Qihoo 360: Just the Tip of the Whitelisted Malware Iceberg

The Check Point Mobile Threat Prevention team has long stressed how dangerous it can be to get apps from sources other than the Apple App Store and Google Play. Even with well-known third-party app stores the problem of security has become more obvious than ever.

A great example of this is Qihoo 360, a Chinese company known for its anti-virus software and mobile apps store and that unintentionally whitelisted malware as part of a complex cyberattack.

A complex attack straight out of a spy novel

The attack itself was quite extensive:

1. White listing of malicious apps
Cyber criminals bribed employees of a Chinese gaming company into including their malware among the legitimate apps it sent to Qihoo 360.

These apps passed Qihoo’s inspection and were whitelisted, allowing the hidden malware to run on machines protected by Qihoo’s wide-spread and free anti-virus solution for mobile and PCs. Once this phase was complete, the attackers could initiate their true malicious activity.

2. Infecting a seller/store
Attacks were staged using Taobao.com, a popular Chinese marketplace that’s similar to eBay but operates differently. On Taobao.com, buyers initiate purchases by sending a picture of an item to the seller using the Aliwanwang instant messaging app. Money is then exchanged between the buyer and the seller using Alipay, Aliwanwang’s payment platform.

Attackers disguised as a Taobao.com buyers sent sellers legitimate photos injected with whitelisted Trojans. These sellers then opened the pictures on a PCs and became infected because the Trojans weren’t detected by Qihoo anti-virus.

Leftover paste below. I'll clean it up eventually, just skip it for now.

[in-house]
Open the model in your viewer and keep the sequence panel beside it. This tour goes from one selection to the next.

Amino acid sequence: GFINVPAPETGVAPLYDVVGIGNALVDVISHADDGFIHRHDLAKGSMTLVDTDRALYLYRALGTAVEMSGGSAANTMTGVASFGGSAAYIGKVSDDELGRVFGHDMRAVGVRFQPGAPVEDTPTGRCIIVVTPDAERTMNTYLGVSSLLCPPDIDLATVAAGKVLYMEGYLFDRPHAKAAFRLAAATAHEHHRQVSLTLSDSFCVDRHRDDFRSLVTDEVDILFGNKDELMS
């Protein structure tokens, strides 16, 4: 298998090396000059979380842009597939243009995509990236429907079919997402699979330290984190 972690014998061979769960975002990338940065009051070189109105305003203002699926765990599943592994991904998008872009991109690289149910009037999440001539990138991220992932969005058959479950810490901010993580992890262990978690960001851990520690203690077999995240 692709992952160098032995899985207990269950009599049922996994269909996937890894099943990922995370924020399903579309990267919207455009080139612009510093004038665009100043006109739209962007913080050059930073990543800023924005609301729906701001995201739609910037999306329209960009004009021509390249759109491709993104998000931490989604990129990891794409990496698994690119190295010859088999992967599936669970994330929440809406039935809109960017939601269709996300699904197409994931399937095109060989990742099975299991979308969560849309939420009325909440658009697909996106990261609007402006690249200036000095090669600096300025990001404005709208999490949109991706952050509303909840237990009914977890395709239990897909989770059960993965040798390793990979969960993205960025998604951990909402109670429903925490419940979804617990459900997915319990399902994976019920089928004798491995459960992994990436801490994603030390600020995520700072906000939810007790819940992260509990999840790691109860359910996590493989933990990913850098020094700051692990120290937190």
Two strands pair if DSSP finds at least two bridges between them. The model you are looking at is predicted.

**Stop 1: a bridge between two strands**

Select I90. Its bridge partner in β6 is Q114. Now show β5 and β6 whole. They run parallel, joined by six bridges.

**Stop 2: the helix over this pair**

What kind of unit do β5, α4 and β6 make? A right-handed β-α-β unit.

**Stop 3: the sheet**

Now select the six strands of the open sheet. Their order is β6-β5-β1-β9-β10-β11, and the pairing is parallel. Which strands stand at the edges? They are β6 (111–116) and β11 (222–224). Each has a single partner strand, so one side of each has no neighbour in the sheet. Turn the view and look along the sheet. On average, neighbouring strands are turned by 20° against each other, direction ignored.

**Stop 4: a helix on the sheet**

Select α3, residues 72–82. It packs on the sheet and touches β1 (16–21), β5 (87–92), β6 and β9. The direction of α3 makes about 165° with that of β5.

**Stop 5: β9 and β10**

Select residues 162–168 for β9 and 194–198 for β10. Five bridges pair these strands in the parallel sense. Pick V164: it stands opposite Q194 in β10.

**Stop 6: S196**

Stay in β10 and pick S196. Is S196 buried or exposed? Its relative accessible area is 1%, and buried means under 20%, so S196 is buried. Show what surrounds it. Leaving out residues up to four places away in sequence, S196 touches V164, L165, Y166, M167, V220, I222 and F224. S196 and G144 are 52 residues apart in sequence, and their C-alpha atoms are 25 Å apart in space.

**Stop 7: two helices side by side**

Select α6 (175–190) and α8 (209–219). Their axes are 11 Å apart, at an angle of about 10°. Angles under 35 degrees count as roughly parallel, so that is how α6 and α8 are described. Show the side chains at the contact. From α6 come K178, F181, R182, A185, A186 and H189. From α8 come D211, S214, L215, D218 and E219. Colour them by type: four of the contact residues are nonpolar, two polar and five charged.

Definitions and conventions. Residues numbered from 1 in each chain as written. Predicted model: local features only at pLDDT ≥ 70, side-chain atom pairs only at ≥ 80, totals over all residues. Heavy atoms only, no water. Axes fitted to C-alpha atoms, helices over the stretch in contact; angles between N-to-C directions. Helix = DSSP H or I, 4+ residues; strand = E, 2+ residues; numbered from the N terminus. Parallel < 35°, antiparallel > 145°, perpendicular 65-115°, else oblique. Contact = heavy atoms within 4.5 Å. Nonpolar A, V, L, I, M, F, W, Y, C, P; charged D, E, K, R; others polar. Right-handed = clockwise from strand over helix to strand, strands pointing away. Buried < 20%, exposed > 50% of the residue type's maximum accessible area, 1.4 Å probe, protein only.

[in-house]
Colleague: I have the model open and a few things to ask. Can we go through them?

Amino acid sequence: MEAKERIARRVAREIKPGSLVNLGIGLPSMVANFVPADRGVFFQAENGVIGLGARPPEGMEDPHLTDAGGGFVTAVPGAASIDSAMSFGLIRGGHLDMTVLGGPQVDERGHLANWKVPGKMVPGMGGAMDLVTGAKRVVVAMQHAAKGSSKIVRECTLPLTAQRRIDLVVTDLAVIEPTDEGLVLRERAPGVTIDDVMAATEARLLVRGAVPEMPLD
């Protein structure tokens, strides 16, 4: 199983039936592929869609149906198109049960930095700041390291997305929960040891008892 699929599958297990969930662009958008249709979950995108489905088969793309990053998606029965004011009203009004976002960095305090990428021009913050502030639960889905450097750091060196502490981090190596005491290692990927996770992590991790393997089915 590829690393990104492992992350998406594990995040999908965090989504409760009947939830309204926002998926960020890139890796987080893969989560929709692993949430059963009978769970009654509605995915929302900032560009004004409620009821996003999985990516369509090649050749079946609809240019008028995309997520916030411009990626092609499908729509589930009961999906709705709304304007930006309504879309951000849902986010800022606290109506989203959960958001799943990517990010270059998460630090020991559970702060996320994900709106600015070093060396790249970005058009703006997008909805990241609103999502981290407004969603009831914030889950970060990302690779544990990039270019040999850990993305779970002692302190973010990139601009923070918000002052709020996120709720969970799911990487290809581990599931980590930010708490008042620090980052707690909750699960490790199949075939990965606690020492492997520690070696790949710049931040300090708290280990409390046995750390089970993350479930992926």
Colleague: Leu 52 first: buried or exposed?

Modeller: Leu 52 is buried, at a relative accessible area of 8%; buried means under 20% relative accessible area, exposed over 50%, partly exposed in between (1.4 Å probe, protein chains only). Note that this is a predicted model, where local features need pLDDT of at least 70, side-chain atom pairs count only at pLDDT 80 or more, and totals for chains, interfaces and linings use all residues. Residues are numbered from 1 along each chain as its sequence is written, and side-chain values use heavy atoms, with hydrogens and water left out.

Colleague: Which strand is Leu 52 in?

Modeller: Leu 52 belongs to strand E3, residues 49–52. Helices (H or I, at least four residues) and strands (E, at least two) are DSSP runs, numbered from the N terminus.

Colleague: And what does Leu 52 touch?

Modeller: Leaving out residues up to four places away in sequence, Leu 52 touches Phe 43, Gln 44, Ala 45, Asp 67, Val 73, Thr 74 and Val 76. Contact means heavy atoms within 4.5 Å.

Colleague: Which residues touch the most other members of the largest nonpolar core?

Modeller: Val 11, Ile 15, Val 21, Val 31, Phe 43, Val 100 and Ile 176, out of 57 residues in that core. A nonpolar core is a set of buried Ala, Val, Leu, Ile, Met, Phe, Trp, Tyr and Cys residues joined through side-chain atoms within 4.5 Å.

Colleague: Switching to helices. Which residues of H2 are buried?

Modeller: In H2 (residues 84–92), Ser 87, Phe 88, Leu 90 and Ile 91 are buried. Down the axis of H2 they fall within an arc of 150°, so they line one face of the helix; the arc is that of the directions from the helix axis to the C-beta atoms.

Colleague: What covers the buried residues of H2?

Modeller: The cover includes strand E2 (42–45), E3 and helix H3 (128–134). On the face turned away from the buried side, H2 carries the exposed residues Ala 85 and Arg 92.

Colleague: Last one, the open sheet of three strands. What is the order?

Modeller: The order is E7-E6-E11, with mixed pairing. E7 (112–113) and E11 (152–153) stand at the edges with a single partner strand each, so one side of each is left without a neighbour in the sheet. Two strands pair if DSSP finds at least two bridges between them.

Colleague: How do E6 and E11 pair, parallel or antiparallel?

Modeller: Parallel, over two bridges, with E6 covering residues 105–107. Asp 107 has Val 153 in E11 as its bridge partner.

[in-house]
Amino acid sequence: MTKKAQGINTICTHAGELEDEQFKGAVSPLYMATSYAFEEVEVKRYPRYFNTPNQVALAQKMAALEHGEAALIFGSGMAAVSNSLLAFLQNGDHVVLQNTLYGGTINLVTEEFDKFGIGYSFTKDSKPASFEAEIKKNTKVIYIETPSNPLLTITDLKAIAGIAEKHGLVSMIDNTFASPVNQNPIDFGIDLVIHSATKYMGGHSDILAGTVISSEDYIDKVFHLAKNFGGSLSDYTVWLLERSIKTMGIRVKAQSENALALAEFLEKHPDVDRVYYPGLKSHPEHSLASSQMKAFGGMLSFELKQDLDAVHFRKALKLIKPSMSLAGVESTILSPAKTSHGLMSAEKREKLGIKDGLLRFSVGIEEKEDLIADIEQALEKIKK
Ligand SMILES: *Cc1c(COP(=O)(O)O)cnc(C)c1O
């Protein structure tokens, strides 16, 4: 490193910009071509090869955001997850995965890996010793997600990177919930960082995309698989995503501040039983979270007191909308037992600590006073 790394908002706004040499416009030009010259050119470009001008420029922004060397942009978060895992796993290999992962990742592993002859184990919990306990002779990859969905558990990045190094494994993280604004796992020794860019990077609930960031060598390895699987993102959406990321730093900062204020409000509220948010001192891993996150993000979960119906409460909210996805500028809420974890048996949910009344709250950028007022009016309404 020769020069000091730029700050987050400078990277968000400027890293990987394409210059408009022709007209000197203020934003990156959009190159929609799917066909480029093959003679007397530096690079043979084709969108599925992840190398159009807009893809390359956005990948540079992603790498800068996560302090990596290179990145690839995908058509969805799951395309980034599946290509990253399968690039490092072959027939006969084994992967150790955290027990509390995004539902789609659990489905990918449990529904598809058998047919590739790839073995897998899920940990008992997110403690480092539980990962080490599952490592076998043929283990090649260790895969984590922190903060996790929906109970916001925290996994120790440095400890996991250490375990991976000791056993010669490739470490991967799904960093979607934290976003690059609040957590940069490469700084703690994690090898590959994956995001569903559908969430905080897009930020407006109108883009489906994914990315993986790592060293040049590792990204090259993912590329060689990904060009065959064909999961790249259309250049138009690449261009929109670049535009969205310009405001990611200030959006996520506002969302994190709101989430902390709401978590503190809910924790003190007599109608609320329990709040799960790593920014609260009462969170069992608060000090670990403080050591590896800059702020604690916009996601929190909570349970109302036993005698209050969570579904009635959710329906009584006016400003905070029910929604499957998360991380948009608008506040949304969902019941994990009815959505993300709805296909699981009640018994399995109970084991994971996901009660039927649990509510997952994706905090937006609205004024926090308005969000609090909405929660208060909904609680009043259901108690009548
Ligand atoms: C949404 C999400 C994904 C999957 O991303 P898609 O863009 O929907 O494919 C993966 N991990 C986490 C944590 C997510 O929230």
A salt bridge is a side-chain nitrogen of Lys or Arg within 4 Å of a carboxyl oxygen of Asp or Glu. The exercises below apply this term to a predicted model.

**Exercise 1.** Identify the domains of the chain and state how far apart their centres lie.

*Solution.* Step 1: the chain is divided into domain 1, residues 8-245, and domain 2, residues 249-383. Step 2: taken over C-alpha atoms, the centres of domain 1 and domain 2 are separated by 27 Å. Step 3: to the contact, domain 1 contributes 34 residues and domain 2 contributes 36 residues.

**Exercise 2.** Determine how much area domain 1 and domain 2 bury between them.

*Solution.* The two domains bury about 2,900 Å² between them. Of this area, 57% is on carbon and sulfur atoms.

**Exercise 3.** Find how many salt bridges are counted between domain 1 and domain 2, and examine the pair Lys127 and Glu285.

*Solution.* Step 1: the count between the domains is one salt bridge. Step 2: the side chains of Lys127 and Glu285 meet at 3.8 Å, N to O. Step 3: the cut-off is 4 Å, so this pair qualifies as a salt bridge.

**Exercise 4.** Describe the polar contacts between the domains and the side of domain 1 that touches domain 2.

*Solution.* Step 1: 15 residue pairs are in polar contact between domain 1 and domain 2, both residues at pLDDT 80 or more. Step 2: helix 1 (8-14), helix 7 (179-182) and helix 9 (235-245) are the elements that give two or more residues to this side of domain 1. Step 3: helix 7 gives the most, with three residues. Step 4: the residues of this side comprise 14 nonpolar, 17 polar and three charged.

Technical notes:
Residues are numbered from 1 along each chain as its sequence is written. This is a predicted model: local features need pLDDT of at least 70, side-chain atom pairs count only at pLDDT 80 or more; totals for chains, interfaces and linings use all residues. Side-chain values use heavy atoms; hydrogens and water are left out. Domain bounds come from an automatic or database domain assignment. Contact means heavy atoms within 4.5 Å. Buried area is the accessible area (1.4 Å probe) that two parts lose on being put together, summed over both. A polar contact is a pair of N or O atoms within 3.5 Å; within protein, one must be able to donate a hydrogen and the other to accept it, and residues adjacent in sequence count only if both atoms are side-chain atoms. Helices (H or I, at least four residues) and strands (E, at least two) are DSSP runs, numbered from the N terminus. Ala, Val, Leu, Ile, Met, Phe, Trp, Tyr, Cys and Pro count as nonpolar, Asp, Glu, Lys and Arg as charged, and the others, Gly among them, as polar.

3. Collecting credentials for a financial attack
For the last state, the attacker requested a refund from the seller, requiring the seller to log in to their Alipay account. The Trojan then keylogged their credentials, allowing the attacker to steal money from the seller’s account.


Why is this important to mobile security?

There are two major points in this attack which are worth further discussion:

First is how even primitive malware can managed to infiltrate a “secure” network. Even known malware has a way of inflicting damage. And because simple AVs use known malware signatures, they cannot be relied upon as a sole protection against malware.

Many AVs use a whitelist approach to avoid false positive detection, but the way these whitelists are generated  and, like as we saw in the Qihoo 360 case, they can be compromised.

The second and more interesting point is the different methods third-party app stores use to protect users. The Qihoo incident is similar in a way since Qihoo’s whitelisting review was easily bypassed, leaving Qihoo AV users exposed to attacks. So app stores that you might believe to be safe may, in fact, really not be as safe as you’d think.

This subject was recently explored in length by one of our colleges, Avi Bashan, in a Dark Reading Article. In his analysis, Bashan demonstrates how malware manages to repeatedly infiltrate the Apple App Store and Google Play, and explains why the defenses of these stores remain deficient.

We already know that the mobile threat landscape often mirrors that of the PC world. So if malware can be installed on machines protected by Qihoo and can infiltrate into its own app store, this example illustrates how important it is to avoid third-party stores and to instead at least rely on stores with more reliable security.

But even still, stores like the App Store and Goolge Play aren’t immune to threats. It’s only a matter of time before attackers turn their full attention to infiltrating the app stores users trust most.

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